Nov 022007
Part of the Applied Anarchy Series - Previous in series         Next in series

I’ve written about the supposed “Health Care Crisis” here in America before. But given the Democratic presidential candidate’s continual pounding on the issue I figured I’d take this opportunity to try and nip the fear in the bud. Dr. Ron Paul (yes, the presidential candidate) wrote a July 24, 2007 article giving an even better example of how health care can (and currently is) provided in the free market with absolutely no interference from the government whatsoever-

Last week the congressional Joint Economic committee on which I serve held a hearing featuring two courageous medical doctors. I had the pleasure of meeting with one of the witnesses, Dr. Robert Berry, who opened a low-cost health clinic in rural Tennessee. His clinic does not accept insurance, Medicare, or Medicaid, which allows Dr. Berry to treat patients without interference from third-party government bureaucrats or HMO administrators.


Freed from HMO and government bureaucracy, Dr. Berry can focus on medicine rather than billing. Operating on a cash basis lowers his overhead considerably, allowing him to charge much lower prices than other doctors. He often charges just $35 for routine maladies, which is not much more than one’s insurance co-pay in other offices. His affordable prices enable low-income patients to see him before minor problems become serious, and unlike most doctors, Dr. Berry sees patients the same day on a walk-in basis. Yet beyond his low prices and quick appointments, Dr. Berry provides patients with excellent medical care.

While many liberals talk endlessly about medical care for the poor, Dr. Berry actually helps uninsured people every day. His patients are largely low-income working people, who cannot afford health insurance but don’t necessarily qualify for state assistance. Some of his uninsured patients have been forced to visit hospital emergency rooms for non-emergency treatment because no doctor would see them. Others disliked the long waits and inferior treatment they endured at government clinics. For many of his patients, Dr. Berry’s clinic has been a godsend.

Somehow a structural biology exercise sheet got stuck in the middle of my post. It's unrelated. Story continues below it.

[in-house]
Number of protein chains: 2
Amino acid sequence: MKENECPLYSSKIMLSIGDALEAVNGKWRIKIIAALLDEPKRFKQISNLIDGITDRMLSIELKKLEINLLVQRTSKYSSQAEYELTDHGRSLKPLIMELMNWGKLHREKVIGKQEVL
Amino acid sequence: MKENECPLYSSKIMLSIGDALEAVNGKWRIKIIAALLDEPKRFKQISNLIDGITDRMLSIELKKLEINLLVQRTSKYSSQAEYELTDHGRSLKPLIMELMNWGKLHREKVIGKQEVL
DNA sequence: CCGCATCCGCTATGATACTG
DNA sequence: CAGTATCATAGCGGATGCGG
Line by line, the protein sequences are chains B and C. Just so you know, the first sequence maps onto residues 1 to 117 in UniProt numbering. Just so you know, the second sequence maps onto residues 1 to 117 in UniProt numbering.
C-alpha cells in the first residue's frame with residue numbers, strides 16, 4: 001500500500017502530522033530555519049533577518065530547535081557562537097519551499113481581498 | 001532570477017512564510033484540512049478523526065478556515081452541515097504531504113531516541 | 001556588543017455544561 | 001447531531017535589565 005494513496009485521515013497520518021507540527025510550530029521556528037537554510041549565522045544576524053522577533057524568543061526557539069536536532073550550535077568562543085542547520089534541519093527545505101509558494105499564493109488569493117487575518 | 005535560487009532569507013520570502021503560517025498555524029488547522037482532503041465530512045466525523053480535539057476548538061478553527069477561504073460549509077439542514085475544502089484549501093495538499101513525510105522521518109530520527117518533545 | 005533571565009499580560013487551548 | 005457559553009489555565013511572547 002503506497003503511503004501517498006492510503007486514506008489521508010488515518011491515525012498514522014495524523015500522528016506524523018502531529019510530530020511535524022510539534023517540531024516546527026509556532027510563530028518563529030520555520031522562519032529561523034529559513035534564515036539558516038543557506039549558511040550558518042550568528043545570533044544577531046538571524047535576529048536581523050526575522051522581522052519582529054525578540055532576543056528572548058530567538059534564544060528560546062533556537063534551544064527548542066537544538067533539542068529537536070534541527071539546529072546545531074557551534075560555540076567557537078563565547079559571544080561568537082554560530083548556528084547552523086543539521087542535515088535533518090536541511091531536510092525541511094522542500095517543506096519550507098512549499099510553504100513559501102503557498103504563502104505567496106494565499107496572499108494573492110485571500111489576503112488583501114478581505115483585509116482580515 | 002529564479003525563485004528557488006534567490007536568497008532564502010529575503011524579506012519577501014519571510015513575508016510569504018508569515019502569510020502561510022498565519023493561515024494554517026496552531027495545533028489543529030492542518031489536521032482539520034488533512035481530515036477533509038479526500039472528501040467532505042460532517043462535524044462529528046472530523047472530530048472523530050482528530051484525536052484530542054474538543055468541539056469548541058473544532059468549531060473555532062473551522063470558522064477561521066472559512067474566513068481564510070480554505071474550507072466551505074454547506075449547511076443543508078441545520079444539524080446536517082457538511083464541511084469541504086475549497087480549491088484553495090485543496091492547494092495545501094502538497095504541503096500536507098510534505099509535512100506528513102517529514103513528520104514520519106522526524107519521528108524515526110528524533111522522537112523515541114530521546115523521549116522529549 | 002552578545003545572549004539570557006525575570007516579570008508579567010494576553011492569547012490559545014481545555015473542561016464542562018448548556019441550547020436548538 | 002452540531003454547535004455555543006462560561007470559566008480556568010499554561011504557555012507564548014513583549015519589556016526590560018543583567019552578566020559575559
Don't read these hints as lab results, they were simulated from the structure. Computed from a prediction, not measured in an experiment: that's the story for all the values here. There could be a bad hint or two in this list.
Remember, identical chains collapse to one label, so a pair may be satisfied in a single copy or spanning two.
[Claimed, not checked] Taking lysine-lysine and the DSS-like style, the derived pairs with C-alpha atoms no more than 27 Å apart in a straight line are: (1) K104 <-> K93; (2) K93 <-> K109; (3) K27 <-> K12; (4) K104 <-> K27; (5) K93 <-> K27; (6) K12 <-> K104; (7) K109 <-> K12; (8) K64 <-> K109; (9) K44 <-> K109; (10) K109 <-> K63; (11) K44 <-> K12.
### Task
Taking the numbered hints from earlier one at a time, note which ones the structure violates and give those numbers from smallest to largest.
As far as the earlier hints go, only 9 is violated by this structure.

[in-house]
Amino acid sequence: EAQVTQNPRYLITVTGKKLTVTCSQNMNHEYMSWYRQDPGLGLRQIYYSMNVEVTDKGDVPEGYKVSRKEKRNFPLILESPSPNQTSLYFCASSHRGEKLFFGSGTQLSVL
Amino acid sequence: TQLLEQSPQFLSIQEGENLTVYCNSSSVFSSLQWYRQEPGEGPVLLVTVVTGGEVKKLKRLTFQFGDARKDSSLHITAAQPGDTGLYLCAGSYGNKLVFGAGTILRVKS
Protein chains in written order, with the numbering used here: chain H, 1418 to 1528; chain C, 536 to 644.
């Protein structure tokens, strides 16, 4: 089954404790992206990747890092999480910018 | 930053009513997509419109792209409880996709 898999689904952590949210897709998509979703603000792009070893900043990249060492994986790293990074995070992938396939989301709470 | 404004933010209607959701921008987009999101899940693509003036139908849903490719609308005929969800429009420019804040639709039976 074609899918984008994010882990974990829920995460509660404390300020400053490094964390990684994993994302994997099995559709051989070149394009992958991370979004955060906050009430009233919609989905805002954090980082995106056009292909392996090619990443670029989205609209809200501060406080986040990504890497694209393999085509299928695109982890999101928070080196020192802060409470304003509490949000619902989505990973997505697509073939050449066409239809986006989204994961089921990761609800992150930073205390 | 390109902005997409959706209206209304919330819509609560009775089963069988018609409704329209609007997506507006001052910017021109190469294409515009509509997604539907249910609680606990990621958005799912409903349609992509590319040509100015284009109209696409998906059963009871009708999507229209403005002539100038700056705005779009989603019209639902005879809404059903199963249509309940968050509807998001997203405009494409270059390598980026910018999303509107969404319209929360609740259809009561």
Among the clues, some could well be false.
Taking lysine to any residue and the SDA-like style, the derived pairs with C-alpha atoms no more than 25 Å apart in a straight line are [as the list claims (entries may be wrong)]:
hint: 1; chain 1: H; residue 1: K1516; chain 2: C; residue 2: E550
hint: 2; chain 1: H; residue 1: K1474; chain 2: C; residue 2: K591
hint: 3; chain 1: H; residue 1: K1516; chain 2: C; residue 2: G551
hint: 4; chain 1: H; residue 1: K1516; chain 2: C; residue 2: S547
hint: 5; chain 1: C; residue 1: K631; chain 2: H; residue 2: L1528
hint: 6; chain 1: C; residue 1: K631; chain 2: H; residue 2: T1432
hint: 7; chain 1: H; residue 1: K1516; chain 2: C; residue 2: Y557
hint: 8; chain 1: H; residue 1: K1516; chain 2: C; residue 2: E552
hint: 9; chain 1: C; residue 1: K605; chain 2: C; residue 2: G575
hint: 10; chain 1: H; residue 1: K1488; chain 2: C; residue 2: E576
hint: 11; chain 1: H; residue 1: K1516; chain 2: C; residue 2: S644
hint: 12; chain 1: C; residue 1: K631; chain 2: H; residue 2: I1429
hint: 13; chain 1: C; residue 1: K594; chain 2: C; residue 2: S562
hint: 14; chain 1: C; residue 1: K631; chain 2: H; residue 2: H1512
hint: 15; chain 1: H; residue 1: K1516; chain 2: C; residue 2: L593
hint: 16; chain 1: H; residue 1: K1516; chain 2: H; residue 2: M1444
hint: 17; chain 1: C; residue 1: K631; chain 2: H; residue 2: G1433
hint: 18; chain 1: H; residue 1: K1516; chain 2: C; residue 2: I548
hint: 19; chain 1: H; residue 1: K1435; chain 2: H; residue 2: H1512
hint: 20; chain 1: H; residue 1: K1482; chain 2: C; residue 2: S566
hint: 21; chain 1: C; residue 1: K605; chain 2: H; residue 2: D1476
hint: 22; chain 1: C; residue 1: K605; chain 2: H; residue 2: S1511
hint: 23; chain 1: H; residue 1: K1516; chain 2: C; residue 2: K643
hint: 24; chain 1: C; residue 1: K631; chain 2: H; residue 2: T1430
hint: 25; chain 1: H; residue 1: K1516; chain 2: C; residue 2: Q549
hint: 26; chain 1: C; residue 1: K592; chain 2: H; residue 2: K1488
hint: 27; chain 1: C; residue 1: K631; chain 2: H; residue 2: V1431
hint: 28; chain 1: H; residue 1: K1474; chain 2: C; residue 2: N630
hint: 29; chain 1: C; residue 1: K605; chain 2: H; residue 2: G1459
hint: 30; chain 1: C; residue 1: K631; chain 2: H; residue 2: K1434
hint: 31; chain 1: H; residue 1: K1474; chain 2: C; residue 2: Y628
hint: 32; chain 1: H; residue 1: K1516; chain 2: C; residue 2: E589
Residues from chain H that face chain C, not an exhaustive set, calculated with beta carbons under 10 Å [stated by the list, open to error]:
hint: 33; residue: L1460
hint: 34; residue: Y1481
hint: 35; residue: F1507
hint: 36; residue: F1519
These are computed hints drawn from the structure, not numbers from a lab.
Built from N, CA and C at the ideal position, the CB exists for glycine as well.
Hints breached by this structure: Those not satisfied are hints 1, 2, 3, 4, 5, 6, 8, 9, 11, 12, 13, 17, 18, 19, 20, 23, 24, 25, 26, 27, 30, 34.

According to the World Health Organization

U.S. government programs accounted for over 44% of health care expenditures, making the U.S. government the largest insurer in the nation. Per capita spending on health care by the U.S. government placed it among the top ten highest spenders among United Nations member countries in 2004.

In other words, the government is already the largest ‘consumer’ of health care in the United States. The United States health care system was the envy of the world for many, many years. But then in 1973 the federal government mandated that employers offer HMO coverage to their employees. This was when the trend reversed and we started down the road to the situation that we have today: people that cannot afford insurance (for whatever reason) can no longer afford any health care. That’s the primary complaint of the people today, and the root of the so-called crisis. Why would we as a society turn to the very same organization that created the problem in order to solve it?

Both Dr. Berry and Dr. Parkinson from my previous post are examples of how removing the government from the health care system lowers costs and increases benefits to the consumer. Government spending has led only to worse care and higher costs, just as government interference in any industry does. People are convinced that we need the government to solve these problems, but with a little thought you should see that the exact opposite is true.